- Author: Pam Devine
She loves to make soup-especially cream of yesterday.—Milton Berle
Suddenly, as I ride my bike to work in the morning, I’m not wearing my capris and sandals, I’m wearing pants, shoes and a jacket—sometimes even gloves! The scarf and ear muffs are not long behind—we have definitely hit fall in northern California!
And fall makes me want to cook comfort food, and what’s more comforting than soup. Not only is soup easy to make, nutritious, delicious, filling and thrifty, you can hide, I mean use, lots of veggies, even some leftovers. Soup is very forgiving. If you add too many ingredients, it just becomes stew!
What’s more elementary than putting a bunch of ingredients in a pot and covering it with some kind of liquid? Nothing, and that’s why soup has been around as long as there was some kind of vessel to make it in. Soup developed regional differences because of what was available where you lived, but it was always a hearty meal and easily digested. Enjoyed across cultures, classes and varying degrees of health, soup remains a classic meal.
Soup is so accessible and inexpensive, it is often used in successful fundraising activities. Across the country “Bowls for Charity” or “Empty Bowl” fundraisers have become popular for, what else, soup kitchens. The concept was initiatied in 1990 when a group of Michigan High School students made ceramic bowls to fill with soup for a food drive. It was so popular, it blossomed into a nationwide fundraiser, focusing on ending hunger. Generally, participants purchase a ticket, choose a handmade bowl, and enjoy a simple meal of soup (often donated by local restaurants), bread and water. The mission of the fundraiser is to remind people that many people have empty bowls, with no food to feed their families. In Yolo County, we have the Empty Bowls luncheon, hosted by the Yolo Wayfarer Center in October; here in Davis we have the annual Souper Bowl in February, hosted by the Davis Co-op, with proceeds going to the Elderly Nutrition Program.
So what’s a good soup to make and share? Well, it could be something thick and hearty like this highly rated Split Pea soup recipe from allrecipes.com:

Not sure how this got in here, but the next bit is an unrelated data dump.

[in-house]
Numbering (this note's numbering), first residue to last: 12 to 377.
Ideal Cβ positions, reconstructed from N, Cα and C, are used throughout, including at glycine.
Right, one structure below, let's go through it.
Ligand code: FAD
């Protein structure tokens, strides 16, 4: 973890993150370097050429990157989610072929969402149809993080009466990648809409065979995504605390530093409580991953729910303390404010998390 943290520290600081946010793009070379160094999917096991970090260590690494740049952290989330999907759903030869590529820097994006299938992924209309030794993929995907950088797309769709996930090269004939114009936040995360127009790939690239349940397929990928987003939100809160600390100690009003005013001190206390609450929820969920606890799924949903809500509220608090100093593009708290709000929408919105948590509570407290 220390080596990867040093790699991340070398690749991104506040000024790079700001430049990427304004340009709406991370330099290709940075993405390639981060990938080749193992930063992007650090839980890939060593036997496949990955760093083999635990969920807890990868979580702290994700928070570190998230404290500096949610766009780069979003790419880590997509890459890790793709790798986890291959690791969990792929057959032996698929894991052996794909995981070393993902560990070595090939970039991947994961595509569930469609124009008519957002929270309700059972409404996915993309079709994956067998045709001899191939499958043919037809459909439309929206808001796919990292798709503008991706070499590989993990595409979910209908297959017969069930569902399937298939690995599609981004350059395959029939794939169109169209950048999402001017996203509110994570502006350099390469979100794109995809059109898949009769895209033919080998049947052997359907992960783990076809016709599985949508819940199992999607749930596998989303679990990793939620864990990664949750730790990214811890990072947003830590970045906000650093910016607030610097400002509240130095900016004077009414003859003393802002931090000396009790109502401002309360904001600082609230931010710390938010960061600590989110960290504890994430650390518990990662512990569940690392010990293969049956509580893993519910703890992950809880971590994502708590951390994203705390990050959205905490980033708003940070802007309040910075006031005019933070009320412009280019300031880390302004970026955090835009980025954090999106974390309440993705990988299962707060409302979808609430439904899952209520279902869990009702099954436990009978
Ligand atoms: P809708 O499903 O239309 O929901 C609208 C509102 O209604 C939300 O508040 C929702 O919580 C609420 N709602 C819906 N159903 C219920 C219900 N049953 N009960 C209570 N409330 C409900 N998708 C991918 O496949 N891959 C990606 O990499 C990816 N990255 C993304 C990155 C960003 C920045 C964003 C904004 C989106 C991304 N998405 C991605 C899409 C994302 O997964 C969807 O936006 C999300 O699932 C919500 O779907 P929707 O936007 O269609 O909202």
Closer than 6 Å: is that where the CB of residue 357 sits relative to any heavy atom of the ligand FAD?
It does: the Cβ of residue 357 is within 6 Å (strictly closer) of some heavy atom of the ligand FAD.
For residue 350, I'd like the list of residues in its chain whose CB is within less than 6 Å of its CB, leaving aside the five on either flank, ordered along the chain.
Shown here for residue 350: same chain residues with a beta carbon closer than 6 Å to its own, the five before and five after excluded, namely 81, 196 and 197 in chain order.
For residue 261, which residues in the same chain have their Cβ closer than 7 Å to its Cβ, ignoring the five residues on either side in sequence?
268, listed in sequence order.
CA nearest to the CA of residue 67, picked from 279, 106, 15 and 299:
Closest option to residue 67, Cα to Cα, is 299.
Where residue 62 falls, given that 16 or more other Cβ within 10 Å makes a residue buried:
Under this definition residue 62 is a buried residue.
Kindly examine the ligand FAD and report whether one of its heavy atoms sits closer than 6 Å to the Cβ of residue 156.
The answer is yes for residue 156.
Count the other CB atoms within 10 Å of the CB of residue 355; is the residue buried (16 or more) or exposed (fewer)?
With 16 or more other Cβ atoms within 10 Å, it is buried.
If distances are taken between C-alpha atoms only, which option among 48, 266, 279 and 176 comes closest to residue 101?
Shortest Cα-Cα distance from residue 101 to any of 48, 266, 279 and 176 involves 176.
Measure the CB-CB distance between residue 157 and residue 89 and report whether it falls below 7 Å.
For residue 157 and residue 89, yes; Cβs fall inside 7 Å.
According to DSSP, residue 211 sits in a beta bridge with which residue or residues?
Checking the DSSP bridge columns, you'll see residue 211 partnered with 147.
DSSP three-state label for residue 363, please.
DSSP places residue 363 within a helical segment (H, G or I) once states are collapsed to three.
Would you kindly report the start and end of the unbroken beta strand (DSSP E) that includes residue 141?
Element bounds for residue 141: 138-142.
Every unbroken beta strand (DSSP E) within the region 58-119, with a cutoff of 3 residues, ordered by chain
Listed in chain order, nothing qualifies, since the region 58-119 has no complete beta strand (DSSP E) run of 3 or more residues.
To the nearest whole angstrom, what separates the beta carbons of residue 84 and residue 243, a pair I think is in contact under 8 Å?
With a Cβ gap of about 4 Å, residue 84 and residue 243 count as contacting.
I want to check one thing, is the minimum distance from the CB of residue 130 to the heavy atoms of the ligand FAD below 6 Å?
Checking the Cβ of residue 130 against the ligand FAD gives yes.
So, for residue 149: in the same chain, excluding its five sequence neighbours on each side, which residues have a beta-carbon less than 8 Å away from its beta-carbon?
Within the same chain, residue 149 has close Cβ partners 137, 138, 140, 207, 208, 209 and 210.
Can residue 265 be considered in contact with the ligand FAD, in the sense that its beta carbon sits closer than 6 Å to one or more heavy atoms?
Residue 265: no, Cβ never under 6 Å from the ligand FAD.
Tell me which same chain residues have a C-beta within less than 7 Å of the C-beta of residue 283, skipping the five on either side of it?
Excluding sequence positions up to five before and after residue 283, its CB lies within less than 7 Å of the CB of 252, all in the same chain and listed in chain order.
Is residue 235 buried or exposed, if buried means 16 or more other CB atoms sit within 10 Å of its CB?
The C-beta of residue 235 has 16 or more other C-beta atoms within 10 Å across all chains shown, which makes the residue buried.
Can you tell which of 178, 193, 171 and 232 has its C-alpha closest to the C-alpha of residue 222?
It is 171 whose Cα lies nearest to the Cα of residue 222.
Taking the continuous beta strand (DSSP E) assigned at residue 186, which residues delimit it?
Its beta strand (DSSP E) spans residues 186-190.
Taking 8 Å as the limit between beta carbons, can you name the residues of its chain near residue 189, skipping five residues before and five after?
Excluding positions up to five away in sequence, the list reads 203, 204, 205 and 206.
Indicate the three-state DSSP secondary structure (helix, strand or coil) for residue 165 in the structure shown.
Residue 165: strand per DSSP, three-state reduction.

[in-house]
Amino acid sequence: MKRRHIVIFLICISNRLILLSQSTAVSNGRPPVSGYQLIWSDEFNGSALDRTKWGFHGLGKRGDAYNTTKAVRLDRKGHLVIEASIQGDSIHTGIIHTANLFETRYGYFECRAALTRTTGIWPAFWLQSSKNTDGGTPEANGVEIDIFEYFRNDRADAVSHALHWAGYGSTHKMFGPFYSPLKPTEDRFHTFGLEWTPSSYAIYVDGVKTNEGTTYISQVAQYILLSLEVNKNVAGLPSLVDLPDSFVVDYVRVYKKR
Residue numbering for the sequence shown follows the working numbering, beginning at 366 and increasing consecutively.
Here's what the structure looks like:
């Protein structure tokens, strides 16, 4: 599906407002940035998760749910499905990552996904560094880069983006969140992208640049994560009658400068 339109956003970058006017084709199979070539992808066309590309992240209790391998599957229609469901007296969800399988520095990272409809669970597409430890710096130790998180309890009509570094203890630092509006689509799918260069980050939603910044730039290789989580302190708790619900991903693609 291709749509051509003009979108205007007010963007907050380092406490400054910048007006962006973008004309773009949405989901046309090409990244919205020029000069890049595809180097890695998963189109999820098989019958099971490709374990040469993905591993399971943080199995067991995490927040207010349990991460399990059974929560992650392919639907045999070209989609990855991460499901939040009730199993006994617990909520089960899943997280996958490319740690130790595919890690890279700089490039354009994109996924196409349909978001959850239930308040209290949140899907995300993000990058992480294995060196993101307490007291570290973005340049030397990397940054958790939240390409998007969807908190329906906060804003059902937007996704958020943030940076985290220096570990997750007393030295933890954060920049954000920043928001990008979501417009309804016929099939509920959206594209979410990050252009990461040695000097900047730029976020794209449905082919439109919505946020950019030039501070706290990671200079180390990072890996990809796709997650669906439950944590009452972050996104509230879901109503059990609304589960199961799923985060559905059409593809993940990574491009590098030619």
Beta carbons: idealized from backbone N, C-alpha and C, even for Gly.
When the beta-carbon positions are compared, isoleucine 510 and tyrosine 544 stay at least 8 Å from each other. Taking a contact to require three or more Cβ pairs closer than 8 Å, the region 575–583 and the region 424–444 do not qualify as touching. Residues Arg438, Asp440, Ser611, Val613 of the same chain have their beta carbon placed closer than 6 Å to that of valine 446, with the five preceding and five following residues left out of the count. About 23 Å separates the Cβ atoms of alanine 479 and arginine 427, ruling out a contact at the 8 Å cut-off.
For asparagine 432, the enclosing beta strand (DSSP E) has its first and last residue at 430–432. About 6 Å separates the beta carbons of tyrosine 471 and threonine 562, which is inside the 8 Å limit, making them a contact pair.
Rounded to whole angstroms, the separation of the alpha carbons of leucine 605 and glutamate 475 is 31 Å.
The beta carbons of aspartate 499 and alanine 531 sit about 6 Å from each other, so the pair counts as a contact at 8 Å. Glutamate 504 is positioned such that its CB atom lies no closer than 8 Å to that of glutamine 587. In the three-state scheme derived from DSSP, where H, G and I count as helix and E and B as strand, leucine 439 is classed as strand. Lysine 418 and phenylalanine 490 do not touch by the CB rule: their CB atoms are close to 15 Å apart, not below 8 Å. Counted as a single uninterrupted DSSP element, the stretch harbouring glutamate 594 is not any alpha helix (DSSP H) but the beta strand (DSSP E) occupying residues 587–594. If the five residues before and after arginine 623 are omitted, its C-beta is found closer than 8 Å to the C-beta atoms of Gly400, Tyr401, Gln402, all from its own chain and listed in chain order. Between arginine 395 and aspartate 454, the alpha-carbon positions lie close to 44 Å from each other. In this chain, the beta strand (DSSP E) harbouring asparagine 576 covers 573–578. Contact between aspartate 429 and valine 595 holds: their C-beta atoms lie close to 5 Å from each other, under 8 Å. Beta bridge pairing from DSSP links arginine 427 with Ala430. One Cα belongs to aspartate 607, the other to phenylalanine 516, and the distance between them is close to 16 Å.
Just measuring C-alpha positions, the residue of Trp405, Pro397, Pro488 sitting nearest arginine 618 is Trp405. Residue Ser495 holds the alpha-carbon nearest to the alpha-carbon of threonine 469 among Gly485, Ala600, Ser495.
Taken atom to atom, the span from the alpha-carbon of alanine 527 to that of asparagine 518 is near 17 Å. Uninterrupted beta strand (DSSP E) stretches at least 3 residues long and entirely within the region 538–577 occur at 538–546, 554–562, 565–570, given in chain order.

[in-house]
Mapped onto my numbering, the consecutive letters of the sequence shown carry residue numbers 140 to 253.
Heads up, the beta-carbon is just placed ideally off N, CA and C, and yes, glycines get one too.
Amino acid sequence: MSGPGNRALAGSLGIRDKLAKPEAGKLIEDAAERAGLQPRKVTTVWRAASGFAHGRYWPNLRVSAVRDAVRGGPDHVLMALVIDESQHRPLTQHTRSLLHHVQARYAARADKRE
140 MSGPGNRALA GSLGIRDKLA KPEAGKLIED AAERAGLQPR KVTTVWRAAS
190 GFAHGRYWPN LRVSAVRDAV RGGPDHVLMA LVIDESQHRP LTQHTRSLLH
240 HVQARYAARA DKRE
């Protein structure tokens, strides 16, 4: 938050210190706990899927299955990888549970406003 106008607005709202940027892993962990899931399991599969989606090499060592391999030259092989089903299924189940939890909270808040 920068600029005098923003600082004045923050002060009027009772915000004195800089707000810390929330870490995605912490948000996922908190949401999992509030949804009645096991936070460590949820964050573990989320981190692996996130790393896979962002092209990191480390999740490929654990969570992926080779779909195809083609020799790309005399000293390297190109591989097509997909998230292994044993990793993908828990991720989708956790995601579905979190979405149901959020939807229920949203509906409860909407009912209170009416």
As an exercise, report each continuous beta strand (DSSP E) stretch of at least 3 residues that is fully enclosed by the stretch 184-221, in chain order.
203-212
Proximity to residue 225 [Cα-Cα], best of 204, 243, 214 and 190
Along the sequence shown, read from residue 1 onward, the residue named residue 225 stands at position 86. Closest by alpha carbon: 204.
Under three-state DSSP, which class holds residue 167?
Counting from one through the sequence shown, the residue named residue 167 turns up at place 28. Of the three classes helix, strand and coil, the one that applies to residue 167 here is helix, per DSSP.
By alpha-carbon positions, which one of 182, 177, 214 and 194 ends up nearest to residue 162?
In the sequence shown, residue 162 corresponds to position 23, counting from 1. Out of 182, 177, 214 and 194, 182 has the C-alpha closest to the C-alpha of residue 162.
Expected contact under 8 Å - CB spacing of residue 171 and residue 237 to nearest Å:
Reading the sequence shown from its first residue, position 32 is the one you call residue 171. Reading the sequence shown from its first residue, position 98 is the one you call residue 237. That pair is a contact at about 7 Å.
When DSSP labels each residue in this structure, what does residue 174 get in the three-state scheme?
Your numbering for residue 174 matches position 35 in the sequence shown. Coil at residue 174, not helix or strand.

Split Pea Soup
In a large stock pot, cover peas with 2 quarts cold water and soak overnight. If you need a faster method, simmer the peas gently for 2 minutes, and then soak for l hour.
Once peas are soaked, add ham bone, onion, salt, pepper and marjoram. Cover, bring to boil and then simmer for 1 1/2 hours, stirring occasionally.
Remove bone; cut off meat, dice and return meat to soup. Add celery, carrots and potatoes. Cook slowly, uncovered for 30 to 40 minutes or until vegetables are tender.
Or something a little more exotic, but still simple, from epicurious.com, like:
Ginger Scallion Egg-Drop Soup
Smash 3 scallions and cut into 2-inch pieces, then put in a 2-quart saucepan with water, broth, ginger, and 3/4 teaspoon salt. Bring to a simmer, and then poach chicken at a bare simmer, uncovered, until just cooked through, 12 to 15 minutes. Transfer chicken to a cutting board and let broth steep, covered, 10 minutes.
Meanwhile, chop remaining 3 scallions and shred chicken.
Discard scallions and ginger from broth and bring to a brisk simmer. Add beaten eggs in a slow stream, stirring constantly. Remove from heat and stir in scallions, chicken, and white pepper (if using). Serve drizzled with sesame oil.
Or one of my favorite quick and healthy go-to weeknight soups:
- 1 diced onion
- 3 diced white, red or yellow potatoes
- 2 cups chopped celery
- 3 cups water
- 1 pound diced white fish
- ½ lb. shrimp or scallops (or another ½ lb. white fish)
- 2 cups chopped broccoli
- 2 cups chopped cauliflower
- 1 1/2 teaspoons salt
- 1/2 teaspoon ground black pepper
- 1/2 teaspoon crushed dried marjoram
- 1/2 teaspoon crushed dried basil
- 3 tablespoons all-purpose flour
- 2 cups milk (I use skim, and it’s fine, but it would be richer if you used 2% milk)
In a large, deep skillet, boil onion, celery and potatoes in water for 10 minutes. Add flounder, broccoli, cauliflower, salt, pepper, marjoram and basil.
In a separate bowl, mix flour with milk and slowly add to soup mixture while stirring continuously. Reduce heat and simmer for about 15 minutes. Add shrimp and/or scallops; cook 3-5 minutes more.